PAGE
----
Written By: Devin Golden

Peritoneal Mesothelioma Ascites

Ascites is one of the symptoms of peritoneal mesothelioma. Ascites is the buildup of fluid in the peritoneum, which is the lining of the abdominal cavity. This fluid buildup can cause abdominal distention and severe discomfort.

Karen Ritter, RN BSN

Medically Reviewed By

Karen Ritter, RN BSN

Registered Nurse

Karen Ritter, RN BSN

Medically Reviewed By

Karen Ritter, RN BSN

Registered Nurse


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What Is Peritoneal Mesothelioma Ascites?

Peritoneal mesothelioma ascites is fluid buildup caused by tumors in the peritoneum. Another term for peritoneal mesothelioma ascites is peritoneal mesothelioma effusion.

Some patients call this symptom peritoneal effusion because it’s similar to pleural mesothelioma effusion, which is fluid buildup in the pleura (lining of the lungs). Pleural mesothelioma effusion is the medical term for the symptom of pleural mesothelioma.

However, there’s a separate condition called peritoneal effusion that is unrelated to peritoneal mesothelioma. This is why doctors call the buildup of fluid in the peritoneum peritoneal mesothelioma ascites.

Normal peritoneal fluid is clear or pale yellow in color. Peritoneal ascites color is bloody when caused by cancers such as mesothelioma.

What Causes Peritoneal Mesothelioma Ascites?

Peritoneal mesothelioma ascites have numerous potential causes. Let’s first explain the biology of the peritoneum, also called the peritoneal cavity, which is the thin layer of tissue lining the abdominal cavity. The peritoneum has two tissue linings: the parietal peritoneum (outer lining) and the visceral peritoneum (inner lining). Between these two linings is fluid.

When peritoneal mesothelioma tumors form, there’s less space in the peritoneum for the fluid. This leads to extra fluid collecting in the remaining space and pressing against the linings of the peritoneum.

Tumors and cancer cells can block lymphatic vessels from funneling fluid out of the peritoneum. This can lead to excess fluid buildup. Peritoneal tumors can also irritate the lining of the abdomen causing excess fluid production.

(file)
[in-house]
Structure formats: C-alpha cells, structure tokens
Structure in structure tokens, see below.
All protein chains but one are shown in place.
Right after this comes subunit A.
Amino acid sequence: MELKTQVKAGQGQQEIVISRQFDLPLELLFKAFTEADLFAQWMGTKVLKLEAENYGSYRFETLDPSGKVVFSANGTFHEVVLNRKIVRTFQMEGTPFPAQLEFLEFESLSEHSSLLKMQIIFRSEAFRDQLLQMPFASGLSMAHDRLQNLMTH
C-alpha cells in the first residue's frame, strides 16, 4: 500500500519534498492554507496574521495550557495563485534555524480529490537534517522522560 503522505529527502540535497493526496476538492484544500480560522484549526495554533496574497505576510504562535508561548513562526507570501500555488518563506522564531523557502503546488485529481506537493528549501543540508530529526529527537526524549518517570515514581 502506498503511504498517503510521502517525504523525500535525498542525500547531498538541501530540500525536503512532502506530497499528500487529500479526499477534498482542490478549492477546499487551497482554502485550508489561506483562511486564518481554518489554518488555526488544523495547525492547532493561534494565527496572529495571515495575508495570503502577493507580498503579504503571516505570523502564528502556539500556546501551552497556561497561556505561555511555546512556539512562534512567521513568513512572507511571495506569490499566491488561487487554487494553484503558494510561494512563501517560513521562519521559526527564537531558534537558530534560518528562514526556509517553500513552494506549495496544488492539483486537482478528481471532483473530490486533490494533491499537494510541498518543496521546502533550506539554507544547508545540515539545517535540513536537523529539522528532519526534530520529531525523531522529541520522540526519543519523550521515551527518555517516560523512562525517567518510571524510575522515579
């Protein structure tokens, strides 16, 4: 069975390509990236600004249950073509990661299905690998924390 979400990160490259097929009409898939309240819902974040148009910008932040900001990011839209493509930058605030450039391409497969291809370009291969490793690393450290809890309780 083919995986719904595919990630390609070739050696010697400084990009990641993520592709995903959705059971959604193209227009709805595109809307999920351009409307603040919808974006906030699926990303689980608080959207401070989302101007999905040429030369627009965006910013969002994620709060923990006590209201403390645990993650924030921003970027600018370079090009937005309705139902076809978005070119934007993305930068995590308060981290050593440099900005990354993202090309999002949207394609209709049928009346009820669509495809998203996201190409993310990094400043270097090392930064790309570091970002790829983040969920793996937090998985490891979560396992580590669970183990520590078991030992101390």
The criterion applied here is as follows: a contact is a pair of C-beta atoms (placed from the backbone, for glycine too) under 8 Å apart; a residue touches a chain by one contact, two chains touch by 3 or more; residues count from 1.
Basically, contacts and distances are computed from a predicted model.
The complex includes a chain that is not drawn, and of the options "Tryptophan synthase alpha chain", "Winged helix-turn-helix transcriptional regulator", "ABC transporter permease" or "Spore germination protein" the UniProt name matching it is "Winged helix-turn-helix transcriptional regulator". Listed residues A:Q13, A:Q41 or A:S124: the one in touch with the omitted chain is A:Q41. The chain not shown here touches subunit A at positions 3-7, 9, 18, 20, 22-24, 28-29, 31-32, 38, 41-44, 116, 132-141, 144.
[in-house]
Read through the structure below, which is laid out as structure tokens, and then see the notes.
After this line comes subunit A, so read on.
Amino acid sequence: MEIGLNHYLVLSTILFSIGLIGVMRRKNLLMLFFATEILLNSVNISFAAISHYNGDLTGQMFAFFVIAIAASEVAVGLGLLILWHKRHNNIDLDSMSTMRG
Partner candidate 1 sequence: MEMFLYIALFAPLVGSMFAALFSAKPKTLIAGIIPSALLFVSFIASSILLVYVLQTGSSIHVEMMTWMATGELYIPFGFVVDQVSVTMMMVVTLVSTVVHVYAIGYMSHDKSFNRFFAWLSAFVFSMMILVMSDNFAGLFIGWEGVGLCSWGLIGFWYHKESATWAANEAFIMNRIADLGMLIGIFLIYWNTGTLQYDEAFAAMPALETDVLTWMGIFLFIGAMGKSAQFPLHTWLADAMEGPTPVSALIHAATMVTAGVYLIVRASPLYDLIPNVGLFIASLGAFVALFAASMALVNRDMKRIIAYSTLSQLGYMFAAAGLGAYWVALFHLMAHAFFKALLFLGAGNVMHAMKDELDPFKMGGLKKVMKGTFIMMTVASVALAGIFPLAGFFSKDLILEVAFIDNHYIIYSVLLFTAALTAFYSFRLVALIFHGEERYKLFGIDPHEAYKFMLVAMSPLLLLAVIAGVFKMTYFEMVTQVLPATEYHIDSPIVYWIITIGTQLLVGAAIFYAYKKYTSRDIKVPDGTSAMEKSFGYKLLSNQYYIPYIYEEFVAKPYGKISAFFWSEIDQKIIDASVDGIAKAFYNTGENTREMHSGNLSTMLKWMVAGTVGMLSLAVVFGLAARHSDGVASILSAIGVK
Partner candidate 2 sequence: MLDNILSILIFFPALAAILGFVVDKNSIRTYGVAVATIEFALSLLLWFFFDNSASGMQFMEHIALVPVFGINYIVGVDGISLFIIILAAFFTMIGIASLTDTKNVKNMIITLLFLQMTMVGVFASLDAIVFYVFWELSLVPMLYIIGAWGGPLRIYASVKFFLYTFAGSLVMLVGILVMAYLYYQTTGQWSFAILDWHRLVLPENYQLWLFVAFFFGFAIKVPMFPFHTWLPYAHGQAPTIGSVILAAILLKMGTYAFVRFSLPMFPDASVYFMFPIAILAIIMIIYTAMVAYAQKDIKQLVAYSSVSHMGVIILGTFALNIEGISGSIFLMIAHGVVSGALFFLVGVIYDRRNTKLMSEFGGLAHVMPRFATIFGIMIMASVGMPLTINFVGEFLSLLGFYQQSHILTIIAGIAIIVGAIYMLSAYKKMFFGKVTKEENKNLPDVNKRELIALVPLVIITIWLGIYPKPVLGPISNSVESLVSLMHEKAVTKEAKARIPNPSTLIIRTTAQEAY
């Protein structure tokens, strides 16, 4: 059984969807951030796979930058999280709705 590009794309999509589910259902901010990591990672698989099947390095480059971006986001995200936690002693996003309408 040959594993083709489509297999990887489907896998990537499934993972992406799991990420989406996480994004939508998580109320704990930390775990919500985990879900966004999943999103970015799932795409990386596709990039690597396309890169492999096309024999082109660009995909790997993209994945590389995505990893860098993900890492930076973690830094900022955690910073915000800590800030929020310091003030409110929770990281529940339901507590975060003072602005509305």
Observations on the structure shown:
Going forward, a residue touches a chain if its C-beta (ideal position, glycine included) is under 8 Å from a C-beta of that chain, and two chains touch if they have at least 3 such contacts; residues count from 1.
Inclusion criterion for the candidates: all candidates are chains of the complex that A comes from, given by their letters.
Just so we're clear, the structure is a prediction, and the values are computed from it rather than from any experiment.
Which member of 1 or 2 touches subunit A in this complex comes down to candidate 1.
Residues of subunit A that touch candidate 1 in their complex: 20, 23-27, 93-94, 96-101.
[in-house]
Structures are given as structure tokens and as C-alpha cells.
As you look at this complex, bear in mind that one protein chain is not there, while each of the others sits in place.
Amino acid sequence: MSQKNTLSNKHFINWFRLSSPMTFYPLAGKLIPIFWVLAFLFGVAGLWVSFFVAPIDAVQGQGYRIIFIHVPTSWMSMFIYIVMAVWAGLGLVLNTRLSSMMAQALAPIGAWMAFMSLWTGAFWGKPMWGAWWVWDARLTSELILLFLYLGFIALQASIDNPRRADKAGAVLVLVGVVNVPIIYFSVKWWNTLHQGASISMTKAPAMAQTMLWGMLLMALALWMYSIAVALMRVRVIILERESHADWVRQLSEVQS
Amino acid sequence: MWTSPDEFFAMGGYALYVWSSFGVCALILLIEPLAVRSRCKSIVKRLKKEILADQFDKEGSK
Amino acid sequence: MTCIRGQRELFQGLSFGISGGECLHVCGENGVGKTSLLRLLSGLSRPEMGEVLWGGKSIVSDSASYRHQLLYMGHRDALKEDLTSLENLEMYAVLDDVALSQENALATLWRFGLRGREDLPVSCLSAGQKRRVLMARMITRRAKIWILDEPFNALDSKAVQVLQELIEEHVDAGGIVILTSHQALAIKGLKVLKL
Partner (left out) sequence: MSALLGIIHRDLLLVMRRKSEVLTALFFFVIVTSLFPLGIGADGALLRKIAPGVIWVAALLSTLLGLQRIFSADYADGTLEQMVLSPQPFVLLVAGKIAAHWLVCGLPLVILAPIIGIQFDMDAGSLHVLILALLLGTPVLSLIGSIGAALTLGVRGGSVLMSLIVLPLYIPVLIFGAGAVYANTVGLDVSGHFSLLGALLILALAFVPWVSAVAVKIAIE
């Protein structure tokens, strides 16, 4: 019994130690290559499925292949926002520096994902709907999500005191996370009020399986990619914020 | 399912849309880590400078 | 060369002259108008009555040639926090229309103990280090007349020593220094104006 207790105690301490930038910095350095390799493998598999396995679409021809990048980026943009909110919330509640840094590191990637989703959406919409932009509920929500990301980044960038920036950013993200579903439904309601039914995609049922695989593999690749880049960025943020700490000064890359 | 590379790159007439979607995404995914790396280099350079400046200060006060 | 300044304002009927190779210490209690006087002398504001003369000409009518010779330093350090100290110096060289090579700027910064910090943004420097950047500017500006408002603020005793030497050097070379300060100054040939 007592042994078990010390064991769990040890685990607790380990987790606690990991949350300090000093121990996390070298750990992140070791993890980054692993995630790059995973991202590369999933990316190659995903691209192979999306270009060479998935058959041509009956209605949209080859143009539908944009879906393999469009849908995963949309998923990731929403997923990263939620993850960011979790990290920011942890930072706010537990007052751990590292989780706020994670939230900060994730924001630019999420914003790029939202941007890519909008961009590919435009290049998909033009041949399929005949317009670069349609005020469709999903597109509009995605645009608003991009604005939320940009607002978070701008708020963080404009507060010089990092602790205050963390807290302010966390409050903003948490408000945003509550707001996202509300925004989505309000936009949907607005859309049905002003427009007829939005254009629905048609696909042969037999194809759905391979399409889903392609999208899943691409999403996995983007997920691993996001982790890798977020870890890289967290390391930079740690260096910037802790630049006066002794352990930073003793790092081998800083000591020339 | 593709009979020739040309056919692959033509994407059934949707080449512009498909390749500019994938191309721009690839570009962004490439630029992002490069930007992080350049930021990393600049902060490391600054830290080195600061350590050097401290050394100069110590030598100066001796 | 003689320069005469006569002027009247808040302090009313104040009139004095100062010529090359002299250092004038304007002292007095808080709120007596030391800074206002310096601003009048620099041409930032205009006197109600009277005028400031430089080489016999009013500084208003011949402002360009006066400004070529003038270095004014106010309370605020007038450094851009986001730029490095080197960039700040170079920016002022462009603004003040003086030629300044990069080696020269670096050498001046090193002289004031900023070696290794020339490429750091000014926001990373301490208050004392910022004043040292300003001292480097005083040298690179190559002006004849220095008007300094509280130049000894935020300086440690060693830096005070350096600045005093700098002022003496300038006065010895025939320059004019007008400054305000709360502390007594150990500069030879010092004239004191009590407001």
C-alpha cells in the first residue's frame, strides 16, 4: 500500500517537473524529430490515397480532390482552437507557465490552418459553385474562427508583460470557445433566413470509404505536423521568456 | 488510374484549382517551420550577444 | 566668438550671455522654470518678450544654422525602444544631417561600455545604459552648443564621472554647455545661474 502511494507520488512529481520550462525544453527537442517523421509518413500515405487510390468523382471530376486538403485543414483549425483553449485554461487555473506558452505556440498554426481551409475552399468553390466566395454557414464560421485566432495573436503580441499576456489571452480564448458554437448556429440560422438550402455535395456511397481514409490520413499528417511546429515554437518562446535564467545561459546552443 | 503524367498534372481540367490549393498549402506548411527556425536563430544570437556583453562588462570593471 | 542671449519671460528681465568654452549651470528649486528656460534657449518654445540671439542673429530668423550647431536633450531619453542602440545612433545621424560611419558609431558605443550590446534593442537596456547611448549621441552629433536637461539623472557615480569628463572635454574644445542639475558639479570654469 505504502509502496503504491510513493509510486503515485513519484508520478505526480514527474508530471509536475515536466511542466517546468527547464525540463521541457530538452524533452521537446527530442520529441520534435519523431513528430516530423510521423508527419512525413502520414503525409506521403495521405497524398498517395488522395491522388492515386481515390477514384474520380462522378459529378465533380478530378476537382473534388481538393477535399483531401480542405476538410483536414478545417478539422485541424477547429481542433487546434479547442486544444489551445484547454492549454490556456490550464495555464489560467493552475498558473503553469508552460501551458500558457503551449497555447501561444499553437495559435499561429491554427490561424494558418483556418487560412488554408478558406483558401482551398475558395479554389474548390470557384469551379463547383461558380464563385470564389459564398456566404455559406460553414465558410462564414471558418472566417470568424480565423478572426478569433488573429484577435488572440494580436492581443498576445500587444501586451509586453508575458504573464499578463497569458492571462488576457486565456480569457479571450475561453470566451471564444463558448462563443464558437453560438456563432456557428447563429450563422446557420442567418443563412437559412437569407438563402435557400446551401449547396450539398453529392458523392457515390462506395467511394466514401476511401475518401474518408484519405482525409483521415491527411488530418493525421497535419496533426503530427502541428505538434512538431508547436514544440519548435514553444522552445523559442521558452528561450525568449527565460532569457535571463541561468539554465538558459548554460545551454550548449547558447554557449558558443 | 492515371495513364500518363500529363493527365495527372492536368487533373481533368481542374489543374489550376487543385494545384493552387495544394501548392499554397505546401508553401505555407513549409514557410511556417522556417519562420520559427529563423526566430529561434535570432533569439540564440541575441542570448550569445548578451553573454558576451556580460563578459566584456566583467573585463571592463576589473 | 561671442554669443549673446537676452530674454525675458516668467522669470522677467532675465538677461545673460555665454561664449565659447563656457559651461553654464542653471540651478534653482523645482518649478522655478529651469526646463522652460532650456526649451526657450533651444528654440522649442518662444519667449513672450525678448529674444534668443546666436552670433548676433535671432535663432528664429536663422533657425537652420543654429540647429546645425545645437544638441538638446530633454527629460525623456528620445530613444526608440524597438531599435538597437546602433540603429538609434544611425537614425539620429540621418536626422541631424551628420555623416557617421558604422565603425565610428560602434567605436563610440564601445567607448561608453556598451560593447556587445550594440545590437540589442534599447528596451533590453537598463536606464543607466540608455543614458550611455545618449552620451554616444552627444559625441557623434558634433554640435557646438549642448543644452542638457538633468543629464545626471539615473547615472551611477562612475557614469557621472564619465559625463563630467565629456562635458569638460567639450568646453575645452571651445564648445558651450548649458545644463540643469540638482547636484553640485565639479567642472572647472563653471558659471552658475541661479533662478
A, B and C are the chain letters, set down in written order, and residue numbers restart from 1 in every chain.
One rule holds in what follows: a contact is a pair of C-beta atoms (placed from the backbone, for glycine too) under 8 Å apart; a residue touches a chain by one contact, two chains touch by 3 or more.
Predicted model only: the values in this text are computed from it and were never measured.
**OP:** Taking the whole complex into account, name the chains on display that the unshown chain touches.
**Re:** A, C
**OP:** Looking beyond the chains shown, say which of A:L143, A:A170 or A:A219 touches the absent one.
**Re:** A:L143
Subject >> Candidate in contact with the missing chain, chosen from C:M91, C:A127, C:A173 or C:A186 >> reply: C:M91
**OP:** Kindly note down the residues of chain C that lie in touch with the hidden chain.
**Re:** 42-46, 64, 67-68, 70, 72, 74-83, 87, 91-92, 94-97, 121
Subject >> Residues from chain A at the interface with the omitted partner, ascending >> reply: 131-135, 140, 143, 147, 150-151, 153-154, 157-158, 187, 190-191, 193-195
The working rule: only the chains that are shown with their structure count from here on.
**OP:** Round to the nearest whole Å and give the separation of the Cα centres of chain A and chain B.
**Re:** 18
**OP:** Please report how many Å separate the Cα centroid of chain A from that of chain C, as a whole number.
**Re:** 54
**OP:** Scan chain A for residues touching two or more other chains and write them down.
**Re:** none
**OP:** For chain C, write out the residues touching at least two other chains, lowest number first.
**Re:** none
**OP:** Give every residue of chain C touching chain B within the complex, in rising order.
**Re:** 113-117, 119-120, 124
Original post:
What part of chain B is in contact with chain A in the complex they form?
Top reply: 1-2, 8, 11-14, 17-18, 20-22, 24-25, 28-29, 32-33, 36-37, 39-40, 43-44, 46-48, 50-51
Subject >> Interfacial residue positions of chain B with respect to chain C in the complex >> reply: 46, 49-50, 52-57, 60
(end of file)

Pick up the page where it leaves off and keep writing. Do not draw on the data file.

What Else Can Cause Ascites?

There are a few other causes of ascites aside from peritoneal mesothelioma cancer. According to the website Cancer Therapy Advisor, ascites is most often a symptom of cirrhosis, which is a liver disease characterized by degeneration of cells, inflammation, and thickening of tissue. Approximately 85% of ascites cases are due to cirrhosis.

There are also other cancers capable of causing ascites. They include:

  • Ovarian cancer
  • Breast cancer
  • Liver cancer
  • Pancreatic cancer
  • Lymphoma (a blood cancer)
  • Colorectal cancer (colon cancer or rectal cancer)

The liver, ovaries and pancreas are all in the abdominal cavity, which explains how they can cause ascites. According to Cancer Therapy Advisor, around half of people with malignant ascites have a cancer that spreads to the peritoneum. . This is called “peritoneal carcinomatosis.”

How Often Does Ascites Occur in Peritoneal Mesothelioma?

Ascites is the most common symptom of peritoneal mesothelioma, according to one study. In the study of 81 cases, ascites occurred in 62 (77%). Ascites can cause abdominal distention (swelling), which in another study occurred in around 70% of patients.

There’s a high likelihood of having ascites if you have peritoneal mesothelioma cancer. Abdominal pain, which can also be caused by ascites, occurs in more than 60% of peritoneal mesothelioma cases. Other symptoms – such as weight loss, fever and vomiting, which are nonspecific symptoms – occur in fewer cases, according to studies.